The mad rush to digitization brings up another host of new issues. Unlike a printed book, digital media requires a change of technologies—computers, software, imaging—to interpret the information. Will digitization serve the long-term interests of knowledge as well as the media it is replacing? It’s unlikely.
By Peter Walsh.
When we look back from, say, 2020, 2010 may well be remembered as the year that the printed book, keeper of Western culture since the Renaissance, turned that final corner towards oblivion.
2010 was the year of the iPad (and a host of imitators); the year Amazon sold (it said) more ebooks than hardcovers; the year big box booksellers, old-line publishers, and the New York Times Book Review finally took the digital revolution seriously.
And, unfortunately, that suggests another turning point: the one that leads to oblivion for unknown chunks of our heritage
Why? In the past, radical media change has meant dangerous times for books.
The reason is simple: when media changes, the books people think are important at the time make the transition. Other books do not. And the Darwinian selection of any one moment in time may well not be the one posterity would have wished for.
Consider the Library of Alexander. The great repository of classical knowledge made several major transitions in political regime and one important transition in media: from scrolls to bound codices, what we now call books. The change probably happened around the 1st century AD, when the library was already three or four centuries old and past its glory days.
Hand copying a scroll was expensive and time-consuming. What got copied from papyrus scrolls into books at Alexandria would have been the books most in demand at the time, those the scholars using the library considered most important, and consequently the ones that wore out the quickest.
Unread scrolls would have languished on the shelves and slowly crumbled into dust, probably before anyone even noticed they were gone.
By the 7th century AD, after the Muslim conquests of Egypt, the entire library and all its volumes had disappeared. Even its location is unknown today.
What survived of the Alexandrian heritage were books copied from its collections and preserved in European monasteries and in a handful of royal and private collections. But European readers of the Middle Ages, in turn, were mostly interested in books that related to Christian theology. Latin was the common language of Western literacy. Greek texts, pagan literature, and classical natural science were a much lower priority. Those books weren’t as often read, recopied, or often even collected in the first place. Thus most of the corpus of classical Greek tragedy, for example, once preserved in fine complete editions in Athens and Alexandria and other ancient libraries, vanished from the earth.
Some natural science and medicine later came back into the West via Arabic translations. But much of this, too, was simply lost.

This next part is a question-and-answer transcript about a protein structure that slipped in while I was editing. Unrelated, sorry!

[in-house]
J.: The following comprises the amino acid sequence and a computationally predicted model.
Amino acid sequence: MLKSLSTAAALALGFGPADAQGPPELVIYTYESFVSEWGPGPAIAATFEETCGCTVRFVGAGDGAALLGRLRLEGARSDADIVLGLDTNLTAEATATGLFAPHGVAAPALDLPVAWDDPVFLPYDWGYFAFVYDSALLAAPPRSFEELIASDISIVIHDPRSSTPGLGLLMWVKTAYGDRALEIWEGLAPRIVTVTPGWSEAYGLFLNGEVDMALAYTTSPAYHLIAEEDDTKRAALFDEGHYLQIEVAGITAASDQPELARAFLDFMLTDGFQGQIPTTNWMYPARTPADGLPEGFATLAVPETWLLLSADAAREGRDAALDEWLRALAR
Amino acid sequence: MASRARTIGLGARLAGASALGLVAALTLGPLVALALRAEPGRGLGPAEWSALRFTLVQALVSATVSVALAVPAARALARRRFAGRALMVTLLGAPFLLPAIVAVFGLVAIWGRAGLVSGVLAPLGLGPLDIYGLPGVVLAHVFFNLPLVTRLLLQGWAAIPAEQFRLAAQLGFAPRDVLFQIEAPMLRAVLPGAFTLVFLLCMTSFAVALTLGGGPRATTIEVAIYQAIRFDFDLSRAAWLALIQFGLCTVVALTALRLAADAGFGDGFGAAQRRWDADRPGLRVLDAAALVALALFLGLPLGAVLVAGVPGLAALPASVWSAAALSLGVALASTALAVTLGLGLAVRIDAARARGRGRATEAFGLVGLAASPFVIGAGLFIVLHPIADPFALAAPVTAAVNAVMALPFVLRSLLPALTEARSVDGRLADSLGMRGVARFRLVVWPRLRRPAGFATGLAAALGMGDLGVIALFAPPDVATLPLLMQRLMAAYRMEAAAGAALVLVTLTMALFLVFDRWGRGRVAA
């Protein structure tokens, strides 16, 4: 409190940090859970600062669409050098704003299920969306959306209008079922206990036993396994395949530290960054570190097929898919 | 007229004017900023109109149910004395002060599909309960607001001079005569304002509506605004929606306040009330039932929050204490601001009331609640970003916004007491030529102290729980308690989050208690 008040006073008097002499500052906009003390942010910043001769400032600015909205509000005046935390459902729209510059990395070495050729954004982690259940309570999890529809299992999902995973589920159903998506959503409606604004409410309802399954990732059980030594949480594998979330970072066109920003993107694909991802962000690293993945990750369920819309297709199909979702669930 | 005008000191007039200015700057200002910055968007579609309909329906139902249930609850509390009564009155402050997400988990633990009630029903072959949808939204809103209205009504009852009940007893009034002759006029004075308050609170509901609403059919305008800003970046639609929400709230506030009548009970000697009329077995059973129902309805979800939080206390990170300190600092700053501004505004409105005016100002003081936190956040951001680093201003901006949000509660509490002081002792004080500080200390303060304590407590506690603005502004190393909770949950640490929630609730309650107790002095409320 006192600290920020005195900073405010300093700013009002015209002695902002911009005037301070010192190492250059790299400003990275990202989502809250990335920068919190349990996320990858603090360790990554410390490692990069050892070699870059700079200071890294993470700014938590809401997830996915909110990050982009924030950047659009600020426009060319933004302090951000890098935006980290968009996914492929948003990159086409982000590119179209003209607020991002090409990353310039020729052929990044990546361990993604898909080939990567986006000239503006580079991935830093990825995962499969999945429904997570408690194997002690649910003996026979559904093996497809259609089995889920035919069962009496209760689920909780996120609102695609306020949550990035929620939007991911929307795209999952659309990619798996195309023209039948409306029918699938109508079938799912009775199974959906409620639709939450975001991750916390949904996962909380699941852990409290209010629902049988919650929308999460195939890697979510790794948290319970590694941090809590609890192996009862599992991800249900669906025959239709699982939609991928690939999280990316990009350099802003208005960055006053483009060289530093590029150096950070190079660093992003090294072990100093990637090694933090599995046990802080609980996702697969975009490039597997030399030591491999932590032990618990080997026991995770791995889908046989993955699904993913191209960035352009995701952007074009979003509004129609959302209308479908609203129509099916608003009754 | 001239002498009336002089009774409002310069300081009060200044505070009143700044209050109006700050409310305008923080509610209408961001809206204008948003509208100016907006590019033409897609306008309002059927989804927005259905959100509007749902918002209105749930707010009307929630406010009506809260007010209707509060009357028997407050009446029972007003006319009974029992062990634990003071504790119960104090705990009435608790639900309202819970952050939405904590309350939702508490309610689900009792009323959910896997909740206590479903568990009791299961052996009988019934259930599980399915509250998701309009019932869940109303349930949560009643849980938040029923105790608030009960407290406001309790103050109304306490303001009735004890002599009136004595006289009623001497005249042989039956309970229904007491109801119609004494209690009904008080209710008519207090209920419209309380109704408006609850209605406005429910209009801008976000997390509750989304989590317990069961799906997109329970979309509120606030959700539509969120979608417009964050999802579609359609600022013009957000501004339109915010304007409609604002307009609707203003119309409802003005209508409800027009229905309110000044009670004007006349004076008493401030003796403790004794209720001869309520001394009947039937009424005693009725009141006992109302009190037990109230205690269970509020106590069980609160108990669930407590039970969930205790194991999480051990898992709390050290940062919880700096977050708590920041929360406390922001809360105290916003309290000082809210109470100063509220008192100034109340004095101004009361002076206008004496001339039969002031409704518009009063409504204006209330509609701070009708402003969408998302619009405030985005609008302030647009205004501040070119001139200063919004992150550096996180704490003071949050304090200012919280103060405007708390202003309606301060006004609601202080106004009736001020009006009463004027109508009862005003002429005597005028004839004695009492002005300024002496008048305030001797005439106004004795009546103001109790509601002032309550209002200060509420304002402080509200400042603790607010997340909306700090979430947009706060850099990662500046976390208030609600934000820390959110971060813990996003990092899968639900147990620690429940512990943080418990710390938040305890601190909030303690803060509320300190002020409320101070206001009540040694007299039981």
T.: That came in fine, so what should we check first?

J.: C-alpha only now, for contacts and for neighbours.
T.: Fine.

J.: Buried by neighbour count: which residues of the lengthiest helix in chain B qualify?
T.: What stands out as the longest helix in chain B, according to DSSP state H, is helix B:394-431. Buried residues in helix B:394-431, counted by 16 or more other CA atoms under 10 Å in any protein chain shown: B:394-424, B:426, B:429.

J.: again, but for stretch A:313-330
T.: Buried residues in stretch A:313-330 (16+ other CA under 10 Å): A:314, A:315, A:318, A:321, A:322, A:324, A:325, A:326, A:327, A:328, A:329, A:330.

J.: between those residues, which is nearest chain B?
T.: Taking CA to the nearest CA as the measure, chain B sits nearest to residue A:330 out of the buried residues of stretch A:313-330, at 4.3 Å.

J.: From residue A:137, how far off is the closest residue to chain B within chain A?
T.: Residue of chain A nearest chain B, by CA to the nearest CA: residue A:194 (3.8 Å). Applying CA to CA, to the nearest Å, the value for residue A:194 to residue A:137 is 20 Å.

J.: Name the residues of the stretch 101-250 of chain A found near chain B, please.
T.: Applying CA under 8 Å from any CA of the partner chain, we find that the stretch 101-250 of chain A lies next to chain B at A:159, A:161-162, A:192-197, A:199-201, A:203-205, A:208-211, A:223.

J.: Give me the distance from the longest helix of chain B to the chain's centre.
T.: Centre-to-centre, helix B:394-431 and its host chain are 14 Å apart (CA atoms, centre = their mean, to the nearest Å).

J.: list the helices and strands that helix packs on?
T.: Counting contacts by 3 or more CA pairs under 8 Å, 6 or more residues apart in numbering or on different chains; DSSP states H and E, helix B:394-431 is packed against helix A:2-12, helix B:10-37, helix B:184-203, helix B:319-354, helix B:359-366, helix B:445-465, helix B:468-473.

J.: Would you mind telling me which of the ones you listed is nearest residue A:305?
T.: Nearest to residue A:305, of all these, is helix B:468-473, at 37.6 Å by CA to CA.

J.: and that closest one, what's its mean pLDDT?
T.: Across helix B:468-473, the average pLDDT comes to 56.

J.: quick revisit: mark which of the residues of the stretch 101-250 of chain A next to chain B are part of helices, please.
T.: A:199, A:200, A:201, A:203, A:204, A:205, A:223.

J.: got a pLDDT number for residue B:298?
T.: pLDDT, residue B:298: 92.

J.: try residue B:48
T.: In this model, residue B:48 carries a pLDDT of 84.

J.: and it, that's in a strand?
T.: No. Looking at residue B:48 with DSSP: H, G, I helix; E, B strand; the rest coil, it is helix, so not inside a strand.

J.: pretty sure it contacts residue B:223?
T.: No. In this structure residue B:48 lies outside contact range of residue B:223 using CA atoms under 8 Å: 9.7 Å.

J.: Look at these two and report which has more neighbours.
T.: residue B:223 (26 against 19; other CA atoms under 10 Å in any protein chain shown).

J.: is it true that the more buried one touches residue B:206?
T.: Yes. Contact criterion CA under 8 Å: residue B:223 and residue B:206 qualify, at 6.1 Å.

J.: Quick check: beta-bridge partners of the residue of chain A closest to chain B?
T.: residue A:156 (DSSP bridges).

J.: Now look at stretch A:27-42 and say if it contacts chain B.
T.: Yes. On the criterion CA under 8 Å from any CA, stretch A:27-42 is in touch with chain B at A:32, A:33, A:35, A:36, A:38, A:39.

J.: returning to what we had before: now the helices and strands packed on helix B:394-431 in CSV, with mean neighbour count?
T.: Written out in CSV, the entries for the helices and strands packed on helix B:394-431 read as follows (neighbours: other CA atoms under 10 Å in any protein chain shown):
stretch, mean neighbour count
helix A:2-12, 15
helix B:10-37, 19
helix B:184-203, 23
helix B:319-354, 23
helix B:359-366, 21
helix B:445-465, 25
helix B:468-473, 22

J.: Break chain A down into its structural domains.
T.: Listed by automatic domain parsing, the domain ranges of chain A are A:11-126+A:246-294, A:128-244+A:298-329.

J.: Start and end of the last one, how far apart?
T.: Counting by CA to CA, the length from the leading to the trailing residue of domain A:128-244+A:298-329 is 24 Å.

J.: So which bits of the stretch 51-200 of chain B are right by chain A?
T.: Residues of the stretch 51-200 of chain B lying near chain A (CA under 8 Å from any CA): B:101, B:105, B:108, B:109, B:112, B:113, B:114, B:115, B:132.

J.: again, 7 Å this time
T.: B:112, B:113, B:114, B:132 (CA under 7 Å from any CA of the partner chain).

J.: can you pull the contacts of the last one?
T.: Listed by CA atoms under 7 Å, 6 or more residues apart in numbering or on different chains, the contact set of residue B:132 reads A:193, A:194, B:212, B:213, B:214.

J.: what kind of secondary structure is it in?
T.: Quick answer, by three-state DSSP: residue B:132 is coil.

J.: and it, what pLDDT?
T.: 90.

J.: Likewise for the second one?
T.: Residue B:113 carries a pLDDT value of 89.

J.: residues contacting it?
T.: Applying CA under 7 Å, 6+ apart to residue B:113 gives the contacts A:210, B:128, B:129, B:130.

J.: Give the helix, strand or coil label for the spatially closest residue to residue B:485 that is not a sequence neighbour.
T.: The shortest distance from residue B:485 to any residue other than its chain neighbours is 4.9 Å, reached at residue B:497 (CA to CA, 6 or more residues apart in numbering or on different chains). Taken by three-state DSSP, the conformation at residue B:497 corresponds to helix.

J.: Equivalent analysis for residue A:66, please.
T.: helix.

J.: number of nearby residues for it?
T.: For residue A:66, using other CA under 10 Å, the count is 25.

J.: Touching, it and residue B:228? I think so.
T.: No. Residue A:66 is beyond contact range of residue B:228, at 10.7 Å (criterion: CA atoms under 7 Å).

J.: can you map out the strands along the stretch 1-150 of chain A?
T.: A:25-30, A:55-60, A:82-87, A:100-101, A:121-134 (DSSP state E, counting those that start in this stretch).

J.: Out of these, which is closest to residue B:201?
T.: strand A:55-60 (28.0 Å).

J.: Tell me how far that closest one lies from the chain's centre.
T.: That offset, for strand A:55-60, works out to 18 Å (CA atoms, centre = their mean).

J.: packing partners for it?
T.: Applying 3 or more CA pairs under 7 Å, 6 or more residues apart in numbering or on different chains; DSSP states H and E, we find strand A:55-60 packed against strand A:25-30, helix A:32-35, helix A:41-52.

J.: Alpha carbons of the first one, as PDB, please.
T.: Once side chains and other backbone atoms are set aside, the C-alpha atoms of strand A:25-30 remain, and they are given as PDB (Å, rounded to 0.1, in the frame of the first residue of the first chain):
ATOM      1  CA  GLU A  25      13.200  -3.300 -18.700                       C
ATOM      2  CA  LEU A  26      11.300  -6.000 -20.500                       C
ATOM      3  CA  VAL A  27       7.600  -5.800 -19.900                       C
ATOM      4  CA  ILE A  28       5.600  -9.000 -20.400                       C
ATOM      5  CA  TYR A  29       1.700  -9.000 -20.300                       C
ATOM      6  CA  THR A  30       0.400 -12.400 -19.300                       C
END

The advent of printing, in the 15th century, brought more losses. Handwritten manuscripts were valued, if at all, as works of art, not records. When Henry VIII abolished the English monasteries, for example, the copying stopped and whole libraries were simply tossed out.
The mad rush to digitization brings up another host of new issues. Unlike a printed book, digital media requires a change of technologies— computers, software, imaging—to interpret the information.
Will digitization serve the long-term interests of knowledge as well as the media it is replacing? It’s unlikely.
The ability to read cuneiform, probably the world’s oldest written medium, died out around the 1st century AD, just as books came into fashion. But tens of thousands of cuneiform clay tablets survived, buried in the ruins of Mesopotamian cities. When they were dug up in the mid-19th century, scholars were eventually able to decipher them, revealing a history and literature lost for two millennia.
What will archaeologists of ca. 3850 dig up of our own digital revolution? Bits of plastic maybe, but will the bits of data they once contained still be preserved? And would any of the hardware needed to convert that data into words and pictures still be around after 16 centuries?
In a world of instant change and planned digital obsolescence, media pass out of living memory much quicker than any dead language. The hieroglyph for “save this file” on most of my software is a 3 1/2 inch floppy disk, a technology that went out of use a decade and a half ago. I still have stacks of these disks somewhere, stuffed with data, but my current laptop doesn’t even have a drive to read them.
How many computer users today remember what an a-prompt is, or how to access a sub-directory, or do any of the common tasks of the DOS and floppy disk era? And, for all its vast archives of data still lingering, like mine, in boxes somewhere, that era lasted far less than 1% of the time clay tablets did.